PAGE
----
Mt. Elbert Winter snow


The map below shows PSICC Ranger District and Grassland locations:

Map of Districts

 South Platte Ranger District South Park Ranger District Leadville Ranger District Salida Ranger District San Carlos Ranger District San Carlos Ranger District San Carlos Ranger District Cimarron Ranger District Comanche Ranger District Comanche Ranger District

The Pike and San Isabel National Forests & Cimarron and Comanche National Grasslands (PSICC) make up the most diverse forest throughout the five-state Rocky Mountain Region, covering three million acres. The Forest Service works within local communities across the landscape to successfully provide recreation opportunities, ecosystem services and resource production on these public lands.

PSICC is a busy urban national forest noted for the majority of fourteen thousand foot peaks in Colorado and its span from Colorado’s Front Range to the wide-open grasslands of western Kansas. Over 60 percent of the water used by metropolitan area of Denver, CO originates from the South Platte River.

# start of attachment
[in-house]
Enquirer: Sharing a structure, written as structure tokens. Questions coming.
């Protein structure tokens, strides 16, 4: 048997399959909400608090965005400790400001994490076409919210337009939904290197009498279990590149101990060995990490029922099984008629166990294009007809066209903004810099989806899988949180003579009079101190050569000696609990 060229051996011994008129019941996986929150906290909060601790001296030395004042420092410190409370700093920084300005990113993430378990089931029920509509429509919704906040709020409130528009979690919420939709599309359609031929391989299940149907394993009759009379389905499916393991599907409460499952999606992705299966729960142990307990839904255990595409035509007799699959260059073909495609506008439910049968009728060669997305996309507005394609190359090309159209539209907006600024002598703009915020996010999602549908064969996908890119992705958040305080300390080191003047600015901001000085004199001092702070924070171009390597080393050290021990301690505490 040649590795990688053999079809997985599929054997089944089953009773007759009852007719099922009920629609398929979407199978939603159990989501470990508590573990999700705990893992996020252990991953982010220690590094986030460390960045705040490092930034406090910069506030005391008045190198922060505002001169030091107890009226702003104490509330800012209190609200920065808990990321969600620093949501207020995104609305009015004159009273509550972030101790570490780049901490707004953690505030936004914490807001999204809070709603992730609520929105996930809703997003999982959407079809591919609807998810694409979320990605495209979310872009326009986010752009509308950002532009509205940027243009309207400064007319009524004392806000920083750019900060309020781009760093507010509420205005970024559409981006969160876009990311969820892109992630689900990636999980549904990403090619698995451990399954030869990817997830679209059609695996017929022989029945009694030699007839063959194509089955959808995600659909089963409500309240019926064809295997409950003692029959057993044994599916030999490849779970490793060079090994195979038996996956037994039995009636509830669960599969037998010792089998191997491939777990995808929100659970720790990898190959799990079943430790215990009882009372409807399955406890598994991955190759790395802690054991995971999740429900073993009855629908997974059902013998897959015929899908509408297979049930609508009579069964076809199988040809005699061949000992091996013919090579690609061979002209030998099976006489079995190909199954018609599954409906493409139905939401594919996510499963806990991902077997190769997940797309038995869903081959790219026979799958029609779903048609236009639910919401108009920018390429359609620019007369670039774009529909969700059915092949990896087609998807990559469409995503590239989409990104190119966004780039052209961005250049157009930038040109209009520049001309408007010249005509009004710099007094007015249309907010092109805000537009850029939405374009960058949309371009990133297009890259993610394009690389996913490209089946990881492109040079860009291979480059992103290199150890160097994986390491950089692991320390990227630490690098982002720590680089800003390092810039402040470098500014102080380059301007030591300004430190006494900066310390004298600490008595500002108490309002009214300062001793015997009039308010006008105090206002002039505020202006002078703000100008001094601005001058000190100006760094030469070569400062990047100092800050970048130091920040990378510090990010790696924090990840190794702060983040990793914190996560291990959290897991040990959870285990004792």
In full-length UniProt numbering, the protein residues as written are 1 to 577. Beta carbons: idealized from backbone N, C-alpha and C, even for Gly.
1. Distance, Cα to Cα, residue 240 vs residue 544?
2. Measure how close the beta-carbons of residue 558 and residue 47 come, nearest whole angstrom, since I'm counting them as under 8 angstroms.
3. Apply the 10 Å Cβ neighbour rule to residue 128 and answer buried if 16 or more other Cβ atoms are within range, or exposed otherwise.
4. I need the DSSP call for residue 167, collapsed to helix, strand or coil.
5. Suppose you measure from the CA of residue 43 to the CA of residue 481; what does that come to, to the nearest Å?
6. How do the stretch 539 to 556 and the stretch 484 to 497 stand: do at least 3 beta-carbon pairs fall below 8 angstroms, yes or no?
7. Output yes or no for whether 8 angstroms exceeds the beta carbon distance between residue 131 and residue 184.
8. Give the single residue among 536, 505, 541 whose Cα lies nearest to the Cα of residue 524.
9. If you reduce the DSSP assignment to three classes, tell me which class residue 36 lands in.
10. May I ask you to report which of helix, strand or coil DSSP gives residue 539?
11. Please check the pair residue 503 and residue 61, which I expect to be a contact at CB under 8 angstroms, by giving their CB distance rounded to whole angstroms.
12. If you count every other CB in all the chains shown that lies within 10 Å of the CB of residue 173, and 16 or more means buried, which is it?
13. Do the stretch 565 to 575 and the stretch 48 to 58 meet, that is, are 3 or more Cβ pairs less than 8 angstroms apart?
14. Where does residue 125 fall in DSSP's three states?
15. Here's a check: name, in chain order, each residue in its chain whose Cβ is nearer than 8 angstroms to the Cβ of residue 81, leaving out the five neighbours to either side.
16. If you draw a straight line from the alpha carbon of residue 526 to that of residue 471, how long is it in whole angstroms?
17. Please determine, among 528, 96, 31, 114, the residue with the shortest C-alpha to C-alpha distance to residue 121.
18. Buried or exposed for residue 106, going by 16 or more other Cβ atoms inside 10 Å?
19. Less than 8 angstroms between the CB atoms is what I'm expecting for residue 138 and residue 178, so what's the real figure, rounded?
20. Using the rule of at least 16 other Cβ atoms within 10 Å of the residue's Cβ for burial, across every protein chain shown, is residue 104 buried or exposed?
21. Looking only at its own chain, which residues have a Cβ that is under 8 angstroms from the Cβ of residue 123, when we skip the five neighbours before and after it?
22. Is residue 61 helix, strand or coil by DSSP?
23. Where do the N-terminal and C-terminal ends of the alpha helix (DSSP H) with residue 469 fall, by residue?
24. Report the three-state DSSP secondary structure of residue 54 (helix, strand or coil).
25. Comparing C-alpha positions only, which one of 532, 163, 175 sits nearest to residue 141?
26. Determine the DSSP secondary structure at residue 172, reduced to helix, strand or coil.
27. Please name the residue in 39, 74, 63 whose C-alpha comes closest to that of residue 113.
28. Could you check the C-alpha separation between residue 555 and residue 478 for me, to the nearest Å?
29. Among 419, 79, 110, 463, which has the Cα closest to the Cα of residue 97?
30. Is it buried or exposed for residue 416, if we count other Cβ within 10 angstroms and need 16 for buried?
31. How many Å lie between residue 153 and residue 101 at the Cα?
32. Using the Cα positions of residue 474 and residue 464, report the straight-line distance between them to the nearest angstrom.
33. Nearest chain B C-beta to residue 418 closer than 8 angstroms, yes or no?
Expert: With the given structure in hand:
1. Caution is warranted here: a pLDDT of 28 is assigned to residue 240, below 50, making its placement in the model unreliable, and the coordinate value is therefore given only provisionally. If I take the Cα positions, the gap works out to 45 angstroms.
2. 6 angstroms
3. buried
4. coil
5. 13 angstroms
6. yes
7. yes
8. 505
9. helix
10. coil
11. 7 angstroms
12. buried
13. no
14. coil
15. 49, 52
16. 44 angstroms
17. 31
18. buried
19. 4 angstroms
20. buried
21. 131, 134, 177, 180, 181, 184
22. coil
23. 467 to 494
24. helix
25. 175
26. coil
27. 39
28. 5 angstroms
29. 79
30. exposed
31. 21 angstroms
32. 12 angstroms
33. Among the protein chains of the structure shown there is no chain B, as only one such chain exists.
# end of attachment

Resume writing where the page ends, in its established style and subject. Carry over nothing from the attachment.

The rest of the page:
The forest celebrates a wealth of significant experiences from historic cabin rentals to the birthplace of developed recreation on the San Carlos Ranger District. The Comanche Ranger District lays claim to the internationally known dinosaur trackway at Picket Wire Canyon and continues to excite researchers and visitors alike with new discoveries. With nine Wilderness areas, numerous Scenic Byways and a full spectrum of outdoor opportunities, it is no wonder that the PSICC ranks third highest in the nation for recreational visits at national forests.

Windsor Lake Panoramic view

Christmas Tree Season

The PSICC Christmas Tree Season is here! For information regarding selling and cutting dates for a district near you, please check out the Forest Products page and select the district you are interested in harvesting in.




U. S. Forest Service Resiliency Project by Beulah Designed to Slow Wildfire Growth

Photo of two people loading a log on a trailerIn April 2015, district crews began utilizing an AmeriCorps National Civilian Community Corps crew to help drastically thin the forest by cutting small diameter trees known as “ladder fuels” in order to minimize the possibilities of catastrophic wildfires. Updated: May 2017.